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Article
April 1950

CORNEAL OPACITY ACTING AS A CONCAVE LENSReport of a Case

Author Affiliations

NEW YORK; STATEN ISLAND, N. Y.
From the Department of Ophthalmology of the Sea View Hospital, Staten Island, N. Y.

Arch Ophthalmol. 1950;43(4):755-758. doi:10.1001/archopht.1950.00910010768014
Abstract

THE PRODUCTION of bizarre optical phenomena by foreign bodies, bullae and scars located in or on the cornea is certainly a common occurrence in ophthalmoscopy; yet references in the literature would seem to be nonexistent. The few articles to be found, such as those of Koby1 and Berliner,2 are confined to works on slit lamp examination, and hence are outside the realm of ophthalmoscopy, although similar principles apply.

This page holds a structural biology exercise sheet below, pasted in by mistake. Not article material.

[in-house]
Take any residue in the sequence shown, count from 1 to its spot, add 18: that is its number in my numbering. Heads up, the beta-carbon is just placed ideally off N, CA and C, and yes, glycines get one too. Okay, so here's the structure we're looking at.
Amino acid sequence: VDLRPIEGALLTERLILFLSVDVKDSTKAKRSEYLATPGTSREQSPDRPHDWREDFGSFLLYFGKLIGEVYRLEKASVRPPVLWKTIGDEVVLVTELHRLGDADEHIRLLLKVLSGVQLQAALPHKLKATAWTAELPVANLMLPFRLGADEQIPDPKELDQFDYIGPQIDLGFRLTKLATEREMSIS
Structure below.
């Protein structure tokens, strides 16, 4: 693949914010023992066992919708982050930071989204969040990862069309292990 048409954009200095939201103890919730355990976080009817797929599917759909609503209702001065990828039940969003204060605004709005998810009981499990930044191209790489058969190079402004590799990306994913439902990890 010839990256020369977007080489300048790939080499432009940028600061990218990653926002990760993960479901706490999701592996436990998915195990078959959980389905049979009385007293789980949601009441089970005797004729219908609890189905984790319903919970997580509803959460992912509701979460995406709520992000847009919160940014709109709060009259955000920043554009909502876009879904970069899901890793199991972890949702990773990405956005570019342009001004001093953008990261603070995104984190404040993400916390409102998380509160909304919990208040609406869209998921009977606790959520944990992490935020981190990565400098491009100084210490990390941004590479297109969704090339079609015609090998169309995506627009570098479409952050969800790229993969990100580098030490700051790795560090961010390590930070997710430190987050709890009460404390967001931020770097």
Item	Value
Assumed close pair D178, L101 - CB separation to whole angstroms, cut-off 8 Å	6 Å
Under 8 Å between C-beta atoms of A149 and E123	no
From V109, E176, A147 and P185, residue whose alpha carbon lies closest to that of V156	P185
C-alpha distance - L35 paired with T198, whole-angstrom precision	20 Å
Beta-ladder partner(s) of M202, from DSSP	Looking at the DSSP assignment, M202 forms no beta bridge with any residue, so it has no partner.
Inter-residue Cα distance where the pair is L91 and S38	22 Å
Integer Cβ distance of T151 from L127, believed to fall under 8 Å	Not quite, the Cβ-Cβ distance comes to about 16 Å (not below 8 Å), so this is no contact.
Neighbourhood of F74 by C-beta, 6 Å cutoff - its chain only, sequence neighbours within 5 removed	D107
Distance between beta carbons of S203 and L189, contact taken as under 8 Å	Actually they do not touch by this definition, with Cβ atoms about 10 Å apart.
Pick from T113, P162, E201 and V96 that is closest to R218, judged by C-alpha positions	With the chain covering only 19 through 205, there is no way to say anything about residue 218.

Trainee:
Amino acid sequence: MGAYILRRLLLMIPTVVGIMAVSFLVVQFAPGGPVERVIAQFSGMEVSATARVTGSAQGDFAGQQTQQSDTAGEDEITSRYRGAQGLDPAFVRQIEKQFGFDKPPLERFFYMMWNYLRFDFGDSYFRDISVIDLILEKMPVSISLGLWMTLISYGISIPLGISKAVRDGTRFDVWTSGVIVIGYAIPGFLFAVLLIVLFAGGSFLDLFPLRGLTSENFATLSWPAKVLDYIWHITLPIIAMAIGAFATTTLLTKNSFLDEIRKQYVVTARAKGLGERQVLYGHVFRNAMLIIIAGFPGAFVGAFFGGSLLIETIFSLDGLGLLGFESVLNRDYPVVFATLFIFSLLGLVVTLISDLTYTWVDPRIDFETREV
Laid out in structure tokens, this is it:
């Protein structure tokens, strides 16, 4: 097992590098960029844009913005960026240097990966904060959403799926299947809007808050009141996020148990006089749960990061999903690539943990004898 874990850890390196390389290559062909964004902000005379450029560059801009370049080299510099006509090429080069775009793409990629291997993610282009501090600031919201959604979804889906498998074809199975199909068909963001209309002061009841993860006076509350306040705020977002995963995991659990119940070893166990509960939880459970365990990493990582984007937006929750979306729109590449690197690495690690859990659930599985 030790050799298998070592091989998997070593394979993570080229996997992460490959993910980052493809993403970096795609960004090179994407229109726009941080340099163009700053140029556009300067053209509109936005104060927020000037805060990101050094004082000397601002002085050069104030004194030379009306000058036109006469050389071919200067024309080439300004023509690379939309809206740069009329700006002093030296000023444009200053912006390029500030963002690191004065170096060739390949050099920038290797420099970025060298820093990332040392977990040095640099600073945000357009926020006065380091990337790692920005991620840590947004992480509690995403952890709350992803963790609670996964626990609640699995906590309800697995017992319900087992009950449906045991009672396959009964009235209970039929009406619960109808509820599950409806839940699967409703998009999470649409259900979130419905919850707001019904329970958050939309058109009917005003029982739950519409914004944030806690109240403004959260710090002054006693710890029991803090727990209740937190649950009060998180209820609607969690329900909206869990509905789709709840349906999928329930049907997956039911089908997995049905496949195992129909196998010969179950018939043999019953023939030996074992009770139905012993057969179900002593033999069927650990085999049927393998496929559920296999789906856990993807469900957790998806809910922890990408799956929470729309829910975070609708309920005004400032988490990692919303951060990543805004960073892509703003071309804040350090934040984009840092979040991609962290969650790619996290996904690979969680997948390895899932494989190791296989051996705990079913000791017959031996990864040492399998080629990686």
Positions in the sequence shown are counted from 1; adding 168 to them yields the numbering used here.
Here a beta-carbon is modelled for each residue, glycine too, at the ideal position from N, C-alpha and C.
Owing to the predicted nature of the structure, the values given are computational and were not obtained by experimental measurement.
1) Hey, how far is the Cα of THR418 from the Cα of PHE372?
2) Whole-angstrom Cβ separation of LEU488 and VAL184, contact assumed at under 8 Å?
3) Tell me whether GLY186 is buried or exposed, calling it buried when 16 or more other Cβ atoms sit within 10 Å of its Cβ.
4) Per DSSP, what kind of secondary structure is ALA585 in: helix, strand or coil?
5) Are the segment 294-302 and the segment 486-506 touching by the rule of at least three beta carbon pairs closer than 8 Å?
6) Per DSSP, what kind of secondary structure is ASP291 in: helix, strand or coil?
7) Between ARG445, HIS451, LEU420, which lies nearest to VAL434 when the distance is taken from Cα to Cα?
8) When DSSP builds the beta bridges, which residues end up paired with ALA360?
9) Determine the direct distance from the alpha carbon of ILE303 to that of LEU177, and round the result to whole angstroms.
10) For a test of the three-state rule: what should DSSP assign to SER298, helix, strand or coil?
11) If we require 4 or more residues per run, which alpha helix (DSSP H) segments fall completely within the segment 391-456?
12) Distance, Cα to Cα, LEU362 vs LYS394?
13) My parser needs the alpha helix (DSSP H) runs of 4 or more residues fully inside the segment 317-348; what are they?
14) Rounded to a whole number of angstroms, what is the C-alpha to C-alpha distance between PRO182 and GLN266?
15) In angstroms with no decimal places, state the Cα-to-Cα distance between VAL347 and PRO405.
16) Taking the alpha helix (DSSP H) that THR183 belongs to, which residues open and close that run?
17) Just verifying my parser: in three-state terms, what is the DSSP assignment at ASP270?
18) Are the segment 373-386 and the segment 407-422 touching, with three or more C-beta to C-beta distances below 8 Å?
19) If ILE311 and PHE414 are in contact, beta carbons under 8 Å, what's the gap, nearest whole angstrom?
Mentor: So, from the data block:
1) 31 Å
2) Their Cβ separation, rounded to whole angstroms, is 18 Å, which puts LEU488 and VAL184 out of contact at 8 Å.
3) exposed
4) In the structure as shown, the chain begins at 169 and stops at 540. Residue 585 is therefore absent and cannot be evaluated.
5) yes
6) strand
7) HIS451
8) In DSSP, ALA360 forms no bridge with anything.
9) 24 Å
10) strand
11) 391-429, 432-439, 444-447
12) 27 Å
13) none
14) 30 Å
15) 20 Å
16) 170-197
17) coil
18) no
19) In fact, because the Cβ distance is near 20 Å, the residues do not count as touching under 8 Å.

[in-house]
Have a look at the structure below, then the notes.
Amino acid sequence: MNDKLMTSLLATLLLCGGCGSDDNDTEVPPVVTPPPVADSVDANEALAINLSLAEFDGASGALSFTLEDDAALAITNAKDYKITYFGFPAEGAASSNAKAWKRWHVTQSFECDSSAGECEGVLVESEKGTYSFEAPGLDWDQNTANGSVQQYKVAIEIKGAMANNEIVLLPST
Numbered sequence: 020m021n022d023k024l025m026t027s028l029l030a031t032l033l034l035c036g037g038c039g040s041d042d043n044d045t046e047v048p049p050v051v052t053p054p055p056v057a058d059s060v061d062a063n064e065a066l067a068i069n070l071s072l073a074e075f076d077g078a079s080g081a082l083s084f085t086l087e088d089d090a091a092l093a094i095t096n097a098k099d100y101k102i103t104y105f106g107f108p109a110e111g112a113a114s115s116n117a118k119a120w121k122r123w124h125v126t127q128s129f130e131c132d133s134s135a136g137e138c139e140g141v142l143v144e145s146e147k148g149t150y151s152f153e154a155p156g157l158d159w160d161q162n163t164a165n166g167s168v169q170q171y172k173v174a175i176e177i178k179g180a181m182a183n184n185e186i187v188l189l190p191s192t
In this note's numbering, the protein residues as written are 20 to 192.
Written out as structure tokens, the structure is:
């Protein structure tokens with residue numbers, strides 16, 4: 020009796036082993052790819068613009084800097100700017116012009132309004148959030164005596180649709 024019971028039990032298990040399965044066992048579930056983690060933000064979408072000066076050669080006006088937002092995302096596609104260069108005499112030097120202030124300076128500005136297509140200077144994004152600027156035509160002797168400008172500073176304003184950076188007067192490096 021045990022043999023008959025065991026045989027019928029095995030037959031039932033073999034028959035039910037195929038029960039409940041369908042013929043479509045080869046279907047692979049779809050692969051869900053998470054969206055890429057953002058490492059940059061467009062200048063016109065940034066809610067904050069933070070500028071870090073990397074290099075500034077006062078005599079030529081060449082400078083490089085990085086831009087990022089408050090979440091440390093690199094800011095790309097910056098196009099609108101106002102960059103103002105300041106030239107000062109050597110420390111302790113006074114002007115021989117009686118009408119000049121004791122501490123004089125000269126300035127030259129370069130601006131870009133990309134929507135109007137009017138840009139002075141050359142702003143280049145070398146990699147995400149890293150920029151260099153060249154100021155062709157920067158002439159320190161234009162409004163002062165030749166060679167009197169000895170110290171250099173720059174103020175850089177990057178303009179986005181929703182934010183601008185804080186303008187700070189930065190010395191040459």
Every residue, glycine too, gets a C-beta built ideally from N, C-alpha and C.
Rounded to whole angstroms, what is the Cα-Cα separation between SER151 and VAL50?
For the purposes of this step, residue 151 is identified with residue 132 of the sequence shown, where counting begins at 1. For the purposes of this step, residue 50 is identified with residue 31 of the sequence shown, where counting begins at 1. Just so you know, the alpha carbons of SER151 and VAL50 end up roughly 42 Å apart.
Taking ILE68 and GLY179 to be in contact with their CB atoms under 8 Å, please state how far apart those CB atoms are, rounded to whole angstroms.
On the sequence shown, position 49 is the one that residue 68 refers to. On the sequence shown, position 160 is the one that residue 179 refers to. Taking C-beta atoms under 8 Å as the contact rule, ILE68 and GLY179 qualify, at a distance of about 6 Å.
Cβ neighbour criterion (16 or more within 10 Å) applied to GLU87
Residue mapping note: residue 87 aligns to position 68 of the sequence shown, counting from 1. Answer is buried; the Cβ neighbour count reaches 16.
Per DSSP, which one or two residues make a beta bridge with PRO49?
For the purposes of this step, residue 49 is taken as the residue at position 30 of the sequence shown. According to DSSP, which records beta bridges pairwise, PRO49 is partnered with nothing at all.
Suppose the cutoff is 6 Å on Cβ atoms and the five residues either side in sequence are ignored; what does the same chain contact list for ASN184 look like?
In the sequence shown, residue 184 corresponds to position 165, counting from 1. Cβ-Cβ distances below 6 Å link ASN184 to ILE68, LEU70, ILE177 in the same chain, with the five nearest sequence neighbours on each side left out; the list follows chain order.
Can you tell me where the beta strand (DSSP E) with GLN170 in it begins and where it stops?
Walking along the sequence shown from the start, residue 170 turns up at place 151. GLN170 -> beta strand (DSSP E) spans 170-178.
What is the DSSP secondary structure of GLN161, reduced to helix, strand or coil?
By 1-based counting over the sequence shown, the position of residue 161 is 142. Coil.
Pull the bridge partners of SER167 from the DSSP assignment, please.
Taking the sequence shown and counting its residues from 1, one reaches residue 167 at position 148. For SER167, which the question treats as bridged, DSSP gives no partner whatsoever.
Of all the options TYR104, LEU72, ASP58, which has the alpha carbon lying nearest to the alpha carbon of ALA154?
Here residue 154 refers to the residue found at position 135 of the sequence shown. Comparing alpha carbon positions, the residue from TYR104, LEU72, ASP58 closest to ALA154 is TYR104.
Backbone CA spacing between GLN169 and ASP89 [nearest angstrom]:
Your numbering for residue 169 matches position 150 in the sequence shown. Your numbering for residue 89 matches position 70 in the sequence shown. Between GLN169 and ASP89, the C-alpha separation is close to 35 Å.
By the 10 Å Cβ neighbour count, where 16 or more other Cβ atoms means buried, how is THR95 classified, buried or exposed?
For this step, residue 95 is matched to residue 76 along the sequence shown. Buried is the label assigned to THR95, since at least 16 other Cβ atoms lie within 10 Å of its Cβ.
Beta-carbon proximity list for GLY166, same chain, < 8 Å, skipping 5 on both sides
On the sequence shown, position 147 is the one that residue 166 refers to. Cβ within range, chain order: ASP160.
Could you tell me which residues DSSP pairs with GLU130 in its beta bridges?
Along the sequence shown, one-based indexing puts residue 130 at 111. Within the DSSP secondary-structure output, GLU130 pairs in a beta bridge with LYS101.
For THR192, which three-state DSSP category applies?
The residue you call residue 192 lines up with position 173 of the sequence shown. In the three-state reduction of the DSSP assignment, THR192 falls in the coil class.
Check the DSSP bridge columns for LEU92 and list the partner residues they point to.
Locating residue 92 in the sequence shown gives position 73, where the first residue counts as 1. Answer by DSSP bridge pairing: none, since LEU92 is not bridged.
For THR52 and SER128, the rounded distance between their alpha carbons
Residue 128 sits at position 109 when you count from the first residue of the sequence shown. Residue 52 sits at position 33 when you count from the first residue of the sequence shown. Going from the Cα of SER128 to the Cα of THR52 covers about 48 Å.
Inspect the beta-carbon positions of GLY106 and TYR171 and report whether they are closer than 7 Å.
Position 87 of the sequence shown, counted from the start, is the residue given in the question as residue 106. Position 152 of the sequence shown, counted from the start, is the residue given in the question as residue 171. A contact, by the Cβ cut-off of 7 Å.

In the case which follows, we propose to present and explain an unusual shadow produced when an eye with an insignificant macula of the cornea was examined ophthalmoscopically.

REPORT OF CASE  J. V., a 6 year old white boy, was admitted to the pediatric service of the Sea View Hospital for tuberculous pneumonitis of the parahilar segment of the left lung. An ophthalmologic consultation was requested.

External Examination.  —Right Eye: A faint, circular macula of the cornea, about 2 mm.

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